Arsenic in the water ranges from 0.001 to 0.06 mg/1, mercury ranges from 0.0002 to 0.004 mg/1, floride ranges from 1 to 3 mg/1.

It is obvious that due to extensive coal mining and vigorous growth of industries in this area water resources have been badly contaminated. The habitants have, however, been compromising by taking contaminated and sometimes polluted water, as there is no alternate source of drinking water. Thus, a sizeable populace suffers from water borne diseases.

As per the heath survey of the local people, the most common diseases are dysentery, diarrhoea, skin infection, worm infection, jaundice, and typhoid. Dysentery and skin infections occur in high percentage in the area. If proper steps are not taken up the total population mostly tribals will be on the verge of extinction.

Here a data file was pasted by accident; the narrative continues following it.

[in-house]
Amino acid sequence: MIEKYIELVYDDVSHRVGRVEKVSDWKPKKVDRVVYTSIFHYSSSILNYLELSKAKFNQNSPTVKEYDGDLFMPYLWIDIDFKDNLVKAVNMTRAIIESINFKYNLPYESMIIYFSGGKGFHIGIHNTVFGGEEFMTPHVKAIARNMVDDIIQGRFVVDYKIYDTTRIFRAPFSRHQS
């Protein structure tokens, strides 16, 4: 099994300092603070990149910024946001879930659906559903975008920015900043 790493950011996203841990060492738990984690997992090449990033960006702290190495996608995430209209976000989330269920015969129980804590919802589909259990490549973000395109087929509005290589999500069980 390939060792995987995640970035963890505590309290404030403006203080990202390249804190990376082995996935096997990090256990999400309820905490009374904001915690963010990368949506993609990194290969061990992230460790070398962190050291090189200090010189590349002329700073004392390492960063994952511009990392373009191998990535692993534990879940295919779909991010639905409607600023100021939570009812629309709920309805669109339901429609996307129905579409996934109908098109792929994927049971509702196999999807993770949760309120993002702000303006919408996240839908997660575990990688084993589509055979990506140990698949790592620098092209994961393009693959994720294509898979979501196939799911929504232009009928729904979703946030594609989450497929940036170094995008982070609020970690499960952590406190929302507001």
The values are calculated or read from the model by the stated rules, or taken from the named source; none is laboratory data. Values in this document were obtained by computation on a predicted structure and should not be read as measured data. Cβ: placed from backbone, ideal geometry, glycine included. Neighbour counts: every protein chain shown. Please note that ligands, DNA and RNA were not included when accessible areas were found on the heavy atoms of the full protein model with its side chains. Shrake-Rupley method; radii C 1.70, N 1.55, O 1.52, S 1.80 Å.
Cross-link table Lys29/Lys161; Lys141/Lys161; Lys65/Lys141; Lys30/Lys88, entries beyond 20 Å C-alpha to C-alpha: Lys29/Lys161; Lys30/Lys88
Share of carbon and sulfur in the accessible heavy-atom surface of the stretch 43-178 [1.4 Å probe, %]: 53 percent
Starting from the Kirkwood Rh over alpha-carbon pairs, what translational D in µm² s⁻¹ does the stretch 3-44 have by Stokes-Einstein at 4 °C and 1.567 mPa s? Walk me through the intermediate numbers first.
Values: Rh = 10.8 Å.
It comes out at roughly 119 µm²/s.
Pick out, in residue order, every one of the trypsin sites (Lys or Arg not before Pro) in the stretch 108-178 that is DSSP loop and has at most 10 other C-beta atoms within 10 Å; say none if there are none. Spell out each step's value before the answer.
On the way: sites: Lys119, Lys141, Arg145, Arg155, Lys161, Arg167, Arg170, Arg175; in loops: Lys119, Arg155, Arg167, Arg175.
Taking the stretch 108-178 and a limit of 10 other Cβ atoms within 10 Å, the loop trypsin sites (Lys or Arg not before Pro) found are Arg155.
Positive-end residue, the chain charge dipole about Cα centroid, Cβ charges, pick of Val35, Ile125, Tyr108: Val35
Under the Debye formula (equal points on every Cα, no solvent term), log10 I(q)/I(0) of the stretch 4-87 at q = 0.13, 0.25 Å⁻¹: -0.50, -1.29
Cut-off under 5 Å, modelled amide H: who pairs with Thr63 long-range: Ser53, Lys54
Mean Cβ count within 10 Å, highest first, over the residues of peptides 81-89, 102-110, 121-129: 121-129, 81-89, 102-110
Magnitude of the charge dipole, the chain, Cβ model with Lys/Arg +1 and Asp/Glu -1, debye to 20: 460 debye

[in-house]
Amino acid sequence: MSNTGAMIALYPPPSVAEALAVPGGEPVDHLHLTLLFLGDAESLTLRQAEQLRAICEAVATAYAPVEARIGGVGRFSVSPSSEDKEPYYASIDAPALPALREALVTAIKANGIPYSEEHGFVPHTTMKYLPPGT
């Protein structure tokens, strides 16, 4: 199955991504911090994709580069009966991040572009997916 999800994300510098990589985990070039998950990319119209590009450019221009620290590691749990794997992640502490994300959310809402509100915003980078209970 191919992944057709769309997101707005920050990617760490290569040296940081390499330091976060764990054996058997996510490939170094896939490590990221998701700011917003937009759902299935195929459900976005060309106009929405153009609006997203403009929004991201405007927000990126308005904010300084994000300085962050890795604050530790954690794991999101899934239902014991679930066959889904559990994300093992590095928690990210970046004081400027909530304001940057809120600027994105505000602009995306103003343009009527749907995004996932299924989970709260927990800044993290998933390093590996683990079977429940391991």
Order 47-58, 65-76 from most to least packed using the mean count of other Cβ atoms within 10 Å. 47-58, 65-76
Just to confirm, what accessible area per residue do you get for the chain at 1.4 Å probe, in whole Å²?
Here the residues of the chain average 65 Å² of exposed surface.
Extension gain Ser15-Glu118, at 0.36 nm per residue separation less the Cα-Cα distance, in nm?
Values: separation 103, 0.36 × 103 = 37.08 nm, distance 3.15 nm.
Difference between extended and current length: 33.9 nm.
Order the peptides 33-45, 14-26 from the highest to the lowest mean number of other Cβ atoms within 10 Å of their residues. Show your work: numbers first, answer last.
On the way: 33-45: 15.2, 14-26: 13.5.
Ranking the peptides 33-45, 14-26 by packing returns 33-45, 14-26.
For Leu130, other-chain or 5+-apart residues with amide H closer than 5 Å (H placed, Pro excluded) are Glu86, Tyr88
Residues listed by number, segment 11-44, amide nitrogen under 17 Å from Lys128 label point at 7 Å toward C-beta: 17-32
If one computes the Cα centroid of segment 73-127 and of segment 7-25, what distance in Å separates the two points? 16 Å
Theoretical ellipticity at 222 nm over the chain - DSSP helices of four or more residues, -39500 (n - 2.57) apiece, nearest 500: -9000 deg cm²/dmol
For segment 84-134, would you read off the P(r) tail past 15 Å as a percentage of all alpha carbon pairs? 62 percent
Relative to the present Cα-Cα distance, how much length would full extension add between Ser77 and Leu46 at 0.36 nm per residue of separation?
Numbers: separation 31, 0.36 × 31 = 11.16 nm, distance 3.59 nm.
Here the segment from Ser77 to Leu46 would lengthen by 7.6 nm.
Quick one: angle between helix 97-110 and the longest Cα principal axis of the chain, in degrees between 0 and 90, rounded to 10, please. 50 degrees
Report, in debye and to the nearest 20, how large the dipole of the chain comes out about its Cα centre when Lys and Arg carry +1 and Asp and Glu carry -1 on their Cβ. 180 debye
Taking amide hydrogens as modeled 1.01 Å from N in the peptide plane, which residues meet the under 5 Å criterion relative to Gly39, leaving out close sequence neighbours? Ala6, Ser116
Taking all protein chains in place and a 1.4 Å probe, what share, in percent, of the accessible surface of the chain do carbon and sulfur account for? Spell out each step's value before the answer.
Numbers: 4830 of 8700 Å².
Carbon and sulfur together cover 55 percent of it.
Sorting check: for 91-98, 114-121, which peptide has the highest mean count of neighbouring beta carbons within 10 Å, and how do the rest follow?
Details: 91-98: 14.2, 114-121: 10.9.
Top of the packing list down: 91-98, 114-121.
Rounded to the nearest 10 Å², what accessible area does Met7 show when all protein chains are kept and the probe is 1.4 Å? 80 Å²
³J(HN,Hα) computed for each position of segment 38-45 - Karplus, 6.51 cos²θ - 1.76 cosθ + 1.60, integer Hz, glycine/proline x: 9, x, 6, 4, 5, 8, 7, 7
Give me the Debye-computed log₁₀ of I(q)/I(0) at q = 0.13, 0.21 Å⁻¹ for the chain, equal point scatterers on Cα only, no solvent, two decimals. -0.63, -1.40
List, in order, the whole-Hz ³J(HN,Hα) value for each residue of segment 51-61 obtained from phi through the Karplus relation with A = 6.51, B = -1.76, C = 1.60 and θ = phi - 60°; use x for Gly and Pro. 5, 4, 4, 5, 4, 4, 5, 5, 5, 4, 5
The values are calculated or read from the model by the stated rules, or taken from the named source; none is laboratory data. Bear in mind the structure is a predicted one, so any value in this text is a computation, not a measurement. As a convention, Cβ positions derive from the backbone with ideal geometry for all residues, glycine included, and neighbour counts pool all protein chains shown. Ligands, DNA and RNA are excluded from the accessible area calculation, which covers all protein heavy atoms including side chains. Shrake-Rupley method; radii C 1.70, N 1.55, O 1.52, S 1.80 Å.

The Agaria tribe and other tribes that inhabit the coalfields of North Karanpura and East Parej, India are faced with severe water contamination. In East Parej, more than 80% of the community lives in poverty. Water for the community comes from hand pumps, dug wells, local streams and rivers. In some areas, mine water and river water is supplied through pipes. But most people are dependent on other sources - which are contaminated - for their water needs. Women and children in these areas have to travel more than 1 kilometer to fetch safe drinking water. Most villagers are left with no choice but to drink contaminated water. Dug wells are generally dried up during the summer and winter. Natural drainage is obstructed and diverted due to the expansion of mining. Villagers in these areas have no concept of how to preserve and purify rainwater.